So while acting the part of a "real man" can attract fertile gals and even help a person to heal faster from injury, keeping up the tough-guy part could mean dodging the doctor's office. Tough guys who buy into ideals of masculinity are much less likely to seek preventive health care services, such as a prostate exam, compared with other men. This new finding, based on survey data, reveals that such manly beliefs could help to explain the lower life expectancy of men compared with women.
Optimistic women live longer and healthier lives than their pessimistic peers, the study suggests. Specifically, researchers found that women who see the glass as half full are at a lower risk for developing heart disease (with a lower overall risk of dying from any cause) than those who see the same glass as half empty.
The new research, detailed in the journal Circulation, also found that women with a high degree of cynical hostility, defined as harboring hostile thoughts toward others or having a general mistrust of people, were at a higher risk of dying in general.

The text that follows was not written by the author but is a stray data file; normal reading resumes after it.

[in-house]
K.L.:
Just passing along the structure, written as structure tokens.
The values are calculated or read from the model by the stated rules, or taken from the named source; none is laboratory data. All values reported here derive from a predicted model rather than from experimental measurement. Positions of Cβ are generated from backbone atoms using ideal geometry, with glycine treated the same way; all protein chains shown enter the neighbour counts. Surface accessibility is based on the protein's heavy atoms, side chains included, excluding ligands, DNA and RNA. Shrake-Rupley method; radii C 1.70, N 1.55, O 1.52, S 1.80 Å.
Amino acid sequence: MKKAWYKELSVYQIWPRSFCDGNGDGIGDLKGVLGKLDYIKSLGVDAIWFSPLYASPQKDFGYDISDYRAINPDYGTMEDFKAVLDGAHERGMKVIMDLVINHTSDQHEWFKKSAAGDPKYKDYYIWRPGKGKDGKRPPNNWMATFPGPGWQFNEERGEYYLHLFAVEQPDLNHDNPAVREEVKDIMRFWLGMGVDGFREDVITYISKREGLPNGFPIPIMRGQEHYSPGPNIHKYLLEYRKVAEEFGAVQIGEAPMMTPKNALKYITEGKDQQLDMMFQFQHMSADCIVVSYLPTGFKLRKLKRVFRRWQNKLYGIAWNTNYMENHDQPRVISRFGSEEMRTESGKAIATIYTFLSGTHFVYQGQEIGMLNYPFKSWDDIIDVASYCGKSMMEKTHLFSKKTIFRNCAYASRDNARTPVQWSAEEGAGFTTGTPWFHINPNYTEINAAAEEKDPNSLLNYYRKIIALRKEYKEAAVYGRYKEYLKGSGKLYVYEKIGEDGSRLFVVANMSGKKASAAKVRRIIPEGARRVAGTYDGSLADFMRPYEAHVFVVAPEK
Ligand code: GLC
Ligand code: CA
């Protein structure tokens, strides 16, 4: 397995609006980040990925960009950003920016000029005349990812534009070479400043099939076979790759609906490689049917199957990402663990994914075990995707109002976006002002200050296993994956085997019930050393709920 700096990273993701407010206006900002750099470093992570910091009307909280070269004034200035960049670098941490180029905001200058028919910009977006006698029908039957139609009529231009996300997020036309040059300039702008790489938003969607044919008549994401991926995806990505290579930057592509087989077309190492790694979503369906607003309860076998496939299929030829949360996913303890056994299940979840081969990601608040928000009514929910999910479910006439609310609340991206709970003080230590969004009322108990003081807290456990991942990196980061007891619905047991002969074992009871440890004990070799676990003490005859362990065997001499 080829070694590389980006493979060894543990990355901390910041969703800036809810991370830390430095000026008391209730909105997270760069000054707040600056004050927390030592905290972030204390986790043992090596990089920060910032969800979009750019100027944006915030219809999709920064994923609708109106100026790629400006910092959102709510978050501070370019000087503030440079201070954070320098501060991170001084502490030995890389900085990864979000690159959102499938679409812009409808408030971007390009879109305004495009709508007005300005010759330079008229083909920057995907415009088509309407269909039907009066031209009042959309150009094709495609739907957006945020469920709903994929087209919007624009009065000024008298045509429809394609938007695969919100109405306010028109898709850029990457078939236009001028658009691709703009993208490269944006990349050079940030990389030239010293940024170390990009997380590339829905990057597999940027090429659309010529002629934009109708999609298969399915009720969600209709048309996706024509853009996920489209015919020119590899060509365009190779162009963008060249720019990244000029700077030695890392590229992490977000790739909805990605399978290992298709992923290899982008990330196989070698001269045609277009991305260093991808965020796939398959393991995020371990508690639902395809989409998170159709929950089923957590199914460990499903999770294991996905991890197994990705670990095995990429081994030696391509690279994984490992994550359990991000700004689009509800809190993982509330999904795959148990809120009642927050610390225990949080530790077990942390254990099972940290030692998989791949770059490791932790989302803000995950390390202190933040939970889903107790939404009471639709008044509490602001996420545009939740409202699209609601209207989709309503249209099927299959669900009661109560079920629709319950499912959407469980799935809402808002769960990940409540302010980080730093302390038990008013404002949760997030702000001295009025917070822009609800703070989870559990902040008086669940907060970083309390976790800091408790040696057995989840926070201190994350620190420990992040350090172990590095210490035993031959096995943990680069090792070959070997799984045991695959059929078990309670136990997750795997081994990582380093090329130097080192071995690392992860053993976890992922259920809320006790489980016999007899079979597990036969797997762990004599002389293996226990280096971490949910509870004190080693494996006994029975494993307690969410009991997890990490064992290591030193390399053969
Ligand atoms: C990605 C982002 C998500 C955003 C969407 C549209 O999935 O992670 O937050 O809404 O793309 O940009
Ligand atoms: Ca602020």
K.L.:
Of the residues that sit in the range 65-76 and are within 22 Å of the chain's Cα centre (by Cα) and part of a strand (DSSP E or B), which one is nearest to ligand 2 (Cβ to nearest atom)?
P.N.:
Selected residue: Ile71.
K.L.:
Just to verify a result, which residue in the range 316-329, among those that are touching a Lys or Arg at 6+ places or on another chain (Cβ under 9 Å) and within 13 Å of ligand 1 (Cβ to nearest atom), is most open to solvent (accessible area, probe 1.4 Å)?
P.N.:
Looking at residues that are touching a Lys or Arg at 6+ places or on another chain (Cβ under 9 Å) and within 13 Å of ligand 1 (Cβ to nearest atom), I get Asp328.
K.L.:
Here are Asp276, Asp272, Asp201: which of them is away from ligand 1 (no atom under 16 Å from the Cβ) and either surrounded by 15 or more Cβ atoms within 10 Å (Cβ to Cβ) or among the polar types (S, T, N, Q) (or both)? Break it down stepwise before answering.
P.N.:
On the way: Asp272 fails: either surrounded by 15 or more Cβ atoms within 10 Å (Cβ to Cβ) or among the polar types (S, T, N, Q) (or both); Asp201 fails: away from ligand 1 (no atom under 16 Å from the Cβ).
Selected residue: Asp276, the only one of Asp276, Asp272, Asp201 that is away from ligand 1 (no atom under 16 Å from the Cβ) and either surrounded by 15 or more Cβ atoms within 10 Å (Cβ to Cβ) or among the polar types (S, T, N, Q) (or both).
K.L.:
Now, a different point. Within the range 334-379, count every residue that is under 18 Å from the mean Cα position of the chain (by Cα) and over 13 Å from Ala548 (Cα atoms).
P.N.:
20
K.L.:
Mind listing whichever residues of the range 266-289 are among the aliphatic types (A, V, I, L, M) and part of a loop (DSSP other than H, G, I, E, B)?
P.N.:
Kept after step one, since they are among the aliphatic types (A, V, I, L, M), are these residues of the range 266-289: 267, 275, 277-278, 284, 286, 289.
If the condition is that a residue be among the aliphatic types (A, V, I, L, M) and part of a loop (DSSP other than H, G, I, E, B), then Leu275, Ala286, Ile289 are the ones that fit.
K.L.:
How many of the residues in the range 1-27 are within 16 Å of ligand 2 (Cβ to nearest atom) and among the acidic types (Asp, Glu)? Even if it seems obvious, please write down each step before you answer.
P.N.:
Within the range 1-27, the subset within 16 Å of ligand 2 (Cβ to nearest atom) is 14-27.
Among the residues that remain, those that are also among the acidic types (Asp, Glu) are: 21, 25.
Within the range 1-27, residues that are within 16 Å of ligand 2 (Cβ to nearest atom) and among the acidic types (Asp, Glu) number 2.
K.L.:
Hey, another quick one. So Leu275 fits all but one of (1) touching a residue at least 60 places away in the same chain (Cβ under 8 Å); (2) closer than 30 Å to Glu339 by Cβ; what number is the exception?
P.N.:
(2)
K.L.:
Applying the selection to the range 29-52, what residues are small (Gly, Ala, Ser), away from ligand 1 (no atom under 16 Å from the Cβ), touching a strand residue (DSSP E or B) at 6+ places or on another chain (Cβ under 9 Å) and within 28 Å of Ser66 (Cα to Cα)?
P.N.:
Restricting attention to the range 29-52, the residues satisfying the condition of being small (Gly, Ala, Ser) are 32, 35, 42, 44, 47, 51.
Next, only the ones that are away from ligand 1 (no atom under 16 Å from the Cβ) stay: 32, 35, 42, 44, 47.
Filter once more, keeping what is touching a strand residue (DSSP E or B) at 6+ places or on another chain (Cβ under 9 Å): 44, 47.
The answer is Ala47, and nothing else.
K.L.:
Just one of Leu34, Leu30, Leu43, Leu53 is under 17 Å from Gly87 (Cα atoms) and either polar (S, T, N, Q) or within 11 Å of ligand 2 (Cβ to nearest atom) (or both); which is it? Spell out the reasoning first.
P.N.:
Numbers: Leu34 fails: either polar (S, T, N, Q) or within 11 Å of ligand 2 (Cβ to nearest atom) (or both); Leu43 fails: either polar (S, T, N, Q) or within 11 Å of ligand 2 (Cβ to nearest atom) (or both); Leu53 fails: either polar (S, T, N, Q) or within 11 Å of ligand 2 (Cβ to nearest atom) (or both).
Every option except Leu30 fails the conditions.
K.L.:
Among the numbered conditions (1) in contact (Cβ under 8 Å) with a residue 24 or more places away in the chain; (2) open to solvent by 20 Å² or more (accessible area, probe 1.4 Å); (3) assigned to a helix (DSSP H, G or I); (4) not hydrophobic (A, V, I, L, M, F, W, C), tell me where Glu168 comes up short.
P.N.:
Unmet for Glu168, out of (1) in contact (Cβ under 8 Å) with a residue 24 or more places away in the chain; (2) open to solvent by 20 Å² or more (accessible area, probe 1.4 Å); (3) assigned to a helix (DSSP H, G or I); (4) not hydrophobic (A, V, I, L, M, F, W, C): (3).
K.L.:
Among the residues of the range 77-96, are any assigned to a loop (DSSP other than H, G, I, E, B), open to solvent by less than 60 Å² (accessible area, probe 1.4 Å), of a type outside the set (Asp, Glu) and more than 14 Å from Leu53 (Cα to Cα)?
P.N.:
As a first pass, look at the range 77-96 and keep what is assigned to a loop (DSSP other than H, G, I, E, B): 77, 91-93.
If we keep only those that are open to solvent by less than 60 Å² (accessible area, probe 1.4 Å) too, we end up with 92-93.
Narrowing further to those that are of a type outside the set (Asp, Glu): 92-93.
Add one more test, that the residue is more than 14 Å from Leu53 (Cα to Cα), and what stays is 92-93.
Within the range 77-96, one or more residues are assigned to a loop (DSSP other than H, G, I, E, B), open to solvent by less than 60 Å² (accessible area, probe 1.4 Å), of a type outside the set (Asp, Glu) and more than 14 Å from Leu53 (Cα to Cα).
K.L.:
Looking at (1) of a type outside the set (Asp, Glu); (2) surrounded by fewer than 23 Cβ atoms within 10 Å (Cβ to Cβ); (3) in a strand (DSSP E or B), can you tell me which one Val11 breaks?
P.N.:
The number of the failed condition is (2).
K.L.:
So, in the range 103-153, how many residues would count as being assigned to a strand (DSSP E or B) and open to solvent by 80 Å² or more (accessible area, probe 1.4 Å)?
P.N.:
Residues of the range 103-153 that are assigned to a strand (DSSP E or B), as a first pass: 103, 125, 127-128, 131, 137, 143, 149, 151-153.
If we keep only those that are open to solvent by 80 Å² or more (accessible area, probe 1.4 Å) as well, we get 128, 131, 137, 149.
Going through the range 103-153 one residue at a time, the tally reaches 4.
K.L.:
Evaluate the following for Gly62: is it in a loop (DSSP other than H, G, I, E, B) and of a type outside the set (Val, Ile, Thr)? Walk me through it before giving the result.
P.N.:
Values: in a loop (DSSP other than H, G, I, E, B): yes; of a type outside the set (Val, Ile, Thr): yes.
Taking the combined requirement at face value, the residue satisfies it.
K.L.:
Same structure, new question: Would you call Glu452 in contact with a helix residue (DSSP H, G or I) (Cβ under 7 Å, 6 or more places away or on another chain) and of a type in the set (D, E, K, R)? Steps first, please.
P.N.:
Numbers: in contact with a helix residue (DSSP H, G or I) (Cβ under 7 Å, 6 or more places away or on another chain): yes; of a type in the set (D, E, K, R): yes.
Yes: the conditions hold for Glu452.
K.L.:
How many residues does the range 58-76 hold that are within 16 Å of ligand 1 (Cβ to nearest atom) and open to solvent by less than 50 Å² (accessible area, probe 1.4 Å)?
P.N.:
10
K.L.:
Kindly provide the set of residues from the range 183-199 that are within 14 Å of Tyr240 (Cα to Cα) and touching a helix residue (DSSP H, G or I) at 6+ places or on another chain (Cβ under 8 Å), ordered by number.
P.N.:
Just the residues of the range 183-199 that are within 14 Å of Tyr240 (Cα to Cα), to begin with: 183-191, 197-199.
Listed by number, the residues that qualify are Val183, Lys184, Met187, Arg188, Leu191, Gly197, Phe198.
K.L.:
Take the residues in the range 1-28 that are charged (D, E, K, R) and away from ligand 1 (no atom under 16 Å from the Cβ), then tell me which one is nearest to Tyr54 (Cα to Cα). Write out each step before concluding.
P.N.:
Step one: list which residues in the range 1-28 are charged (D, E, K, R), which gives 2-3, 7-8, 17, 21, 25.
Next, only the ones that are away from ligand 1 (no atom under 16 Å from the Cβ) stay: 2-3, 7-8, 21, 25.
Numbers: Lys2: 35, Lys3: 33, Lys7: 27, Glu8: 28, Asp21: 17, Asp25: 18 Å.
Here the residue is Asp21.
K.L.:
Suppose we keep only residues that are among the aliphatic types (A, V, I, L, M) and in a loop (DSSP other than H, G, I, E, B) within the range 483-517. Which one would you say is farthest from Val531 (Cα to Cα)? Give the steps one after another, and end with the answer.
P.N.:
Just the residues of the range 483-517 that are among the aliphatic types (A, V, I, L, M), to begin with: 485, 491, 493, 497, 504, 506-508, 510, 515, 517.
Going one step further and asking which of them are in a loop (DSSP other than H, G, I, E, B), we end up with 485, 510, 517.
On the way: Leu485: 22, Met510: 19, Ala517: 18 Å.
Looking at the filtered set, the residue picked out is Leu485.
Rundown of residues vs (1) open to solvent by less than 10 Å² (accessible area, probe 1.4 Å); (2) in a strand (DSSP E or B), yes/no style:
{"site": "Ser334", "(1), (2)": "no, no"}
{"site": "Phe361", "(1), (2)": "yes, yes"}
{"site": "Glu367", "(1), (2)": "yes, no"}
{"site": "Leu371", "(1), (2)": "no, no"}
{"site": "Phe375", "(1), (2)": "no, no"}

"As a physician, I'd like to see people try to reduce their negativity in general," said Dr. Hilary A. Tindle, lead author of the study and assistant professor of medicine at the University of Pittsburgh. "The majority of evidence suggests that sustained, high degrees of negativity are hazardous to health." The study is the largest to date to examine the health effects of optimism and cynical hostility in postmenopausal women over time.
- (Source: Livescience.com, August 11, 2009)